Oh, for the love of books and book tokens as Christmas gifts!
Eleanor Oliphant is Completely Fine by Gail Honeyman: I received this for Christmas (it may have been a gift to myself …) and I devoured it between Boxing Day and New Year’s Eve. I want to shout it from the rooftops… I loved, loved, loved this book! At times, it was absolutely heartbreaking, but it was the most endearing, funny and uplifting book I’ve read in a long time. Absolute perfection. I want to find Eleanor and hold her hand. This book was recommended to me and I’m absolutely recommending it to you.
The Chilbury Ladies’ Choir by Jennifer Ryan: I bought this with my book token and on the recommendation of Good Housekeeping magazine. Based on the memories of the author’s Granny, the story follows the ladies of a small village in the early days of the Second World War and how a choir helps them cope.
Three Things About Elsie by Joanna Cannon: “There are three things you should know about Elsie. The first thing is that she’s my best friend. The second is that she always knows what to say to make me feel better. And the third thing … might take a little bit more explaining”. Again recommended by Good Housekeeping magazine, this is a bittersweet story packed with lively and loveable characters. As I reached the end, I couldn’t decide whether I’d actually liked the story as a whole, but concluded there was obviously enough there to keep me going to the final full stop.
Faking Friends by Jane Fallon: “Best friend, soulmate, confidante . . . backstabber.
Amy thought she knew everything there was to know about her best friend Melissa. Then again, Amy also thought she was on the verge of the wedding of her dreams to her long-distance fiancé. Until she pays a surprise trip home to London. Jack is out, but it’s clear another woman has been making herself at home in their flat. There’s something about her stuff that feels oddly familiar . . . and then it hits Amy. The Other Woman is Melissa.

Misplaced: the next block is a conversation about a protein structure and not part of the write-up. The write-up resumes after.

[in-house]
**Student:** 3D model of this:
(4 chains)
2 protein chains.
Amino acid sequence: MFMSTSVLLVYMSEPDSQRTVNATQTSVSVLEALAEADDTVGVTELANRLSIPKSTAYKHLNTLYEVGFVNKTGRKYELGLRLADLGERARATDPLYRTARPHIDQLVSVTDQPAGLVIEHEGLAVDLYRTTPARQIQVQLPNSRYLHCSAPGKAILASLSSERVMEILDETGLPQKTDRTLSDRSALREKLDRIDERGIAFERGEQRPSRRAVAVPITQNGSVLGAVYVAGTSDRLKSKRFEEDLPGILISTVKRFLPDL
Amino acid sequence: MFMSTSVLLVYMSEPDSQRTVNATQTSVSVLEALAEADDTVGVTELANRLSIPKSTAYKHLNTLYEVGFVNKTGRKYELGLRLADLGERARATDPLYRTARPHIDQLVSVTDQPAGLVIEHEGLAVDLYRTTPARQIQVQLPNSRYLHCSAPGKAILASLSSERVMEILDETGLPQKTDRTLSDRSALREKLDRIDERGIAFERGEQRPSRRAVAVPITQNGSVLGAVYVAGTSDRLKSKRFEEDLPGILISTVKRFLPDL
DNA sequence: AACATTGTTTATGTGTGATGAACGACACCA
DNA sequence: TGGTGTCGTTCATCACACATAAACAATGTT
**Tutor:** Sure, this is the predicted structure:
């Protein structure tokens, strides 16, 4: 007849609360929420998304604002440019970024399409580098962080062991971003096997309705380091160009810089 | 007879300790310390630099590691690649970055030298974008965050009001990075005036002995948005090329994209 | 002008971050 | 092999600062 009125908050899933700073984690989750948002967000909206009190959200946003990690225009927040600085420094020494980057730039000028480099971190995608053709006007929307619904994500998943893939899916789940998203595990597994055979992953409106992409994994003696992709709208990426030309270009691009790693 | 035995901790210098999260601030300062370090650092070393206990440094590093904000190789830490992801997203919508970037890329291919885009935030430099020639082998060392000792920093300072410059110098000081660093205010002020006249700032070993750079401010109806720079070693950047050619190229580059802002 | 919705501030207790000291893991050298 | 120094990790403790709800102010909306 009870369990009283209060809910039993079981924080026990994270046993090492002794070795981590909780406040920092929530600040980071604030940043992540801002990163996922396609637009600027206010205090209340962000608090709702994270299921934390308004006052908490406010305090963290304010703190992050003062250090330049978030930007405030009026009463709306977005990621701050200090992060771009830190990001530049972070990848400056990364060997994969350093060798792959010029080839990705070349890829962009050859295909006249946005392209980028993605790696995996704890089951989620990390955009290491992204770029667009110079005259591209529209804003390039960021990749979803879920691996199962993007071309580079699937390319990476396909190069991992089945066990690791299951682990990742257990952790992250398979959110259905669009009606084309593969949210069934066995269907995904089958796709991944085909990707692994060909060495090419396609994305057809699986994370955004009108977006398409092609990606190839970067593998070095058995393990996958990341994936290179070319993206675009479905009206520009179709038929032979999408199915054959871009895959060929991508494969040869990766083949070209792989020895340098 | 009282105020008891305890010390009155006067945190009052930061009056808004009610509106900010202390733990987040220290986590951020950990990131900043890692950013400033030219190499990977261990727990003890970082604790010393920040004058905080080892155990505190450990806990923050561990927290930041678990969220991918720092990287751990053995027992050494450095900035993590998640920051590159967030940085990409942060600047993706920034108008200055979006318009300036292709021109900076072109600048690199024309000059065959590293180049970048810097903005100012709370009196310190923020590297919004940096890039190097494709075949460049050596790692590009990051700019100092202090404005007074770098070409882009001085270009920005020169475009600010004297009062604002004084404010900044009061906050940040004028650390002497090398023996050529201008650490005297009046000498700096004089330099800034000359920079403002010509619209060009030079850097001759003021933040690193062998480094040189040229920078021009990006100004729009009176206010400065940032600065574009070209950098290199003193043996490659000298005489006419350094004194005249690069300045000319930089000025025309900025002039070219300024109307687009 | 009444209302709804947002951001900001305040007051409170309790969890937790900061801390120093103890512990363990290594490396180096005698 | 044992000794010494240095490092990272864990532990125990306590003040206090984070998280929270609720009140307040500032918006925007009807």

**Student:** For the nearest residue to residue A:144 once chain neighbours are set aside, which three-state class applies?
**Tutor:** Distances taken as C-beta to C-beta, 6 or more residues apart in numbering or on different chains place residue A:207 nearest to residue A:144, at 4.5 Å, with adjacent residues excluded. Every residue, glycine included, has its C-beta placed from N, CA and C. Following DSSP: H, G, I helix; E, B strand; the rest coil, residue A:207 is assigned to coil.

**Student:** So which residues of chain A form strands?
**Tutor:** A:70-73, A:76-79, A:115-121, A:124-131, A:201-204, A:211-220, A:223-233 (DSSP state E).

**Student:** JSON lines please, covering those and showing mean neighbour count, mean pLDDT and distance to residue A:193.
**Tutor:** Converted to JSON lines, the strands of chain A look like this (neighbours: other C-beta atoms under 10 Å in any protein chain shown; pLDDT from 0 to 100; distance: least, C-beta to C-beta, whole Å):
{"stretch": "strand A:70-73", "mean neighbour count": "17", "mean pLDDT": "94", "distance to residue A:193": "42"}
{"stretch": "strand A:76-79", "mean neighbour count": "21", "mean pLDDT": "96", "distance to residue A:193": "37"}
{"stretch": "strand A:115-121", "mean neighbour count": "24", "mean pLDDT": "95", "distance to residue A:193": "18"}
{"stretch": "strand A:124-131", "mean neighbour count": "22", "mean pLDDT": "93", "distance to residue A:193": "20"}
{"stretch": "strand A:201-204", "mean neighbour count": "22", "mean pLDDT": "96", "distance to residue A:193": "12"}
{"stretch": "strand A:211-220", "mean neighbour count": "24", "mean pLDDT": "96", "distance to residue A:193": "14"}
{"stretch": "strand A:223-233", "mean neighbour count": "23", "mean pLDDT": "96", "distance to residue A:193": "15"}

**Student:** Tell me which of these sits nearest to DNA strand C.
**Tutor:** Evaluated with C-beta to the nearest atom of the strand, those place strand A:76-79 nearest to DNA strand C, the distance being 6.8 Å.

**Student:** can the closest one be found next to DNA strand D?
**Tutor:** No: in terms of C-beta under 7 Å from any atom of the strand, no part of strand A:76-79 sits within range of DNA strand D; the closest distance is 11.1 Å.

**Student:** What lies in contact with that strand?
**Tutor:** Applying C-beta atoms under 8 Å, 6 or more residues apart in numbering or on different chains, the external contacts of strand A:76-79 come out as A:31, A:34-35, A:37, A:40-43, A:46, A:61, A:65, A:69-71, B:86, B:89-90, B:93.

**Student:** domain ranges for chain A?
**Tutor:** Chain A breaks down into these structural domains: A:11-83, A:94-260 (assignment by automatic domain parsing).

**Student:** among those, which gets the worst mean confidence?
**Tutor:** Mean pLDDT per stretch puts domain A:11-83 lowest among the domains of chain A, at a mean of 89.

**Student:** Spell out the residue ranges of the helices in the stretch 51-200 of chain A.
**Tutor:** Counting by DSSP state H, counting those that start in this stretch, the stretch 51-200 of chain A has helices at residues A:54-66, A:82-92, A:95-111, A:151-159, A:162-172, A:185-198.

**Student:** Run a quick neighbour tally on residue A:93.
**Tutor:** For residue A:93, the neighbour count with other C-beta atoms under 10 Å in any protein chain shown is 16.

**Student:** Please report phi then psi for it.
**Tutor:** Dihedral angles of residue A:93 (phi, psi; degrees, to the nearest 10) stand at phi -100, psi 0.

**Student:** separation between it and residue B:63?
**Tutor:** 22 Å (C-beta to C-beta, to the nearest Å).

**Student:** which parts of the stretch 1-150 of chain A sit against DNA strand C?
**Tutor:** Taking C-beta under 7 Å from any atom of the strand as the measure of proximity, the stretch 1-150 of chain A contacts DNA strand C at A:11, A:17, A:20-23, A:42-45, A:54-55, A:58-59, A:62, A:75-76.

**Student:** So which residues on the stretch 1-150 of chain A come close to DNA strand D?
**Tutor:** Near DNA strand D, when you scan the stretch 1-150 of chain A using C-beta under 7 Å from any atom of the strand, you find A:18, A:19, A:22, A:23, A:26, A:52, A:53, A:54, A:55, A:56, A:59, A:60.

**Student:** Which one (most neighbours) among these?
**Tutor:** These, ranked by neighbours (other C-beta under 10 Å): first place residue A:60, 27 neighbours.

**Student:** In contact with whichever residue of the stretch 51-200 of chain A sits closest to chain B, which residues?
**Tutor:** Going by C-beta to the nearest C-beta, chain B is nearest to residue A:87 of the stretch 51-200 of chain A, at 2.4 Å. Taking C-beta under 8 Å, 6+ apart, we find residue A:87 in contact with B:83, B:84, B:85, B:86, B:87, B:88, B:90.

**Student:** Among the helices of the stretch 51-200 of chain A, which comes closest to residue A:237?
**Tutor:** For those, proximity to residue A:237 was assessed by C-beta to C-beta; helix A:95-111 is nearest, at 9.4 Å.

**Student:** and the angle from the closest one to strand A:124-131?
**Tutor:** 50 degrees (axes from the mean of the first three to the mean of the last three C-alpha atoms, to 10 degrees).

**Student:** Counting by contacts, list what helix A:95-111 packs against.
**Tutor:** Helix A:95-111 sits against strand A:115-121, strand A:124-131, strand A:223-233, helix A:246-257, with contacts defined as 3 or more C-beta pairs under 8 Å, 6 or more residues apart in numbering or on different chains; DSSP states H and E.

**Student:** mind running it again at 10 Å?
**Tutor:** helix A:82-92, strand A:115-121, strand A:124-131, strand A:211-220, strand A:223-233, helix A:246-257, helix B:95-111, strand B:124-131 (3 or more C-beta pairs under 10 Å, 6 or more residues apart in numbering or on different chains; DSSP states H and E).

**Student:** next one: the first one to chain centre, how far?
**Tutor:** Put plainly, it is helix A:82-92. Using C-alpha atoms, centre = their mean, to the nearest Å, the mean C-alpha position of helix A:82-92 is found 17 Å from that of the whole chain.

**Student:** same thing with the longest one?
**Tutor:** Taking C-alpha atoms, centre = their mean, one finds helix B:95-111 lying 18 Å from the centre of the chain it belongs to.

Amy has lost her home, her fiancé and her best friend in one disastrous weekend – but instead of falling apart, she’s determined to get her own back. Piecing her life back together won’t be half as fun as dismantling theirs, after all.” I read an article about Jane Fallon and ended up changing my opinion of her. I’d assumed that she’d got her book deals on the strength of having a famous partner; I never gave her credit for having had an successful career of her own before becoming a novelist. I then saw this title on offer in our local bookstore and, thanks to those Christmas book tokens, picked it up. It’s a quick read; I liked Fallon’s style of writing and, in particular, her use of colloquial English.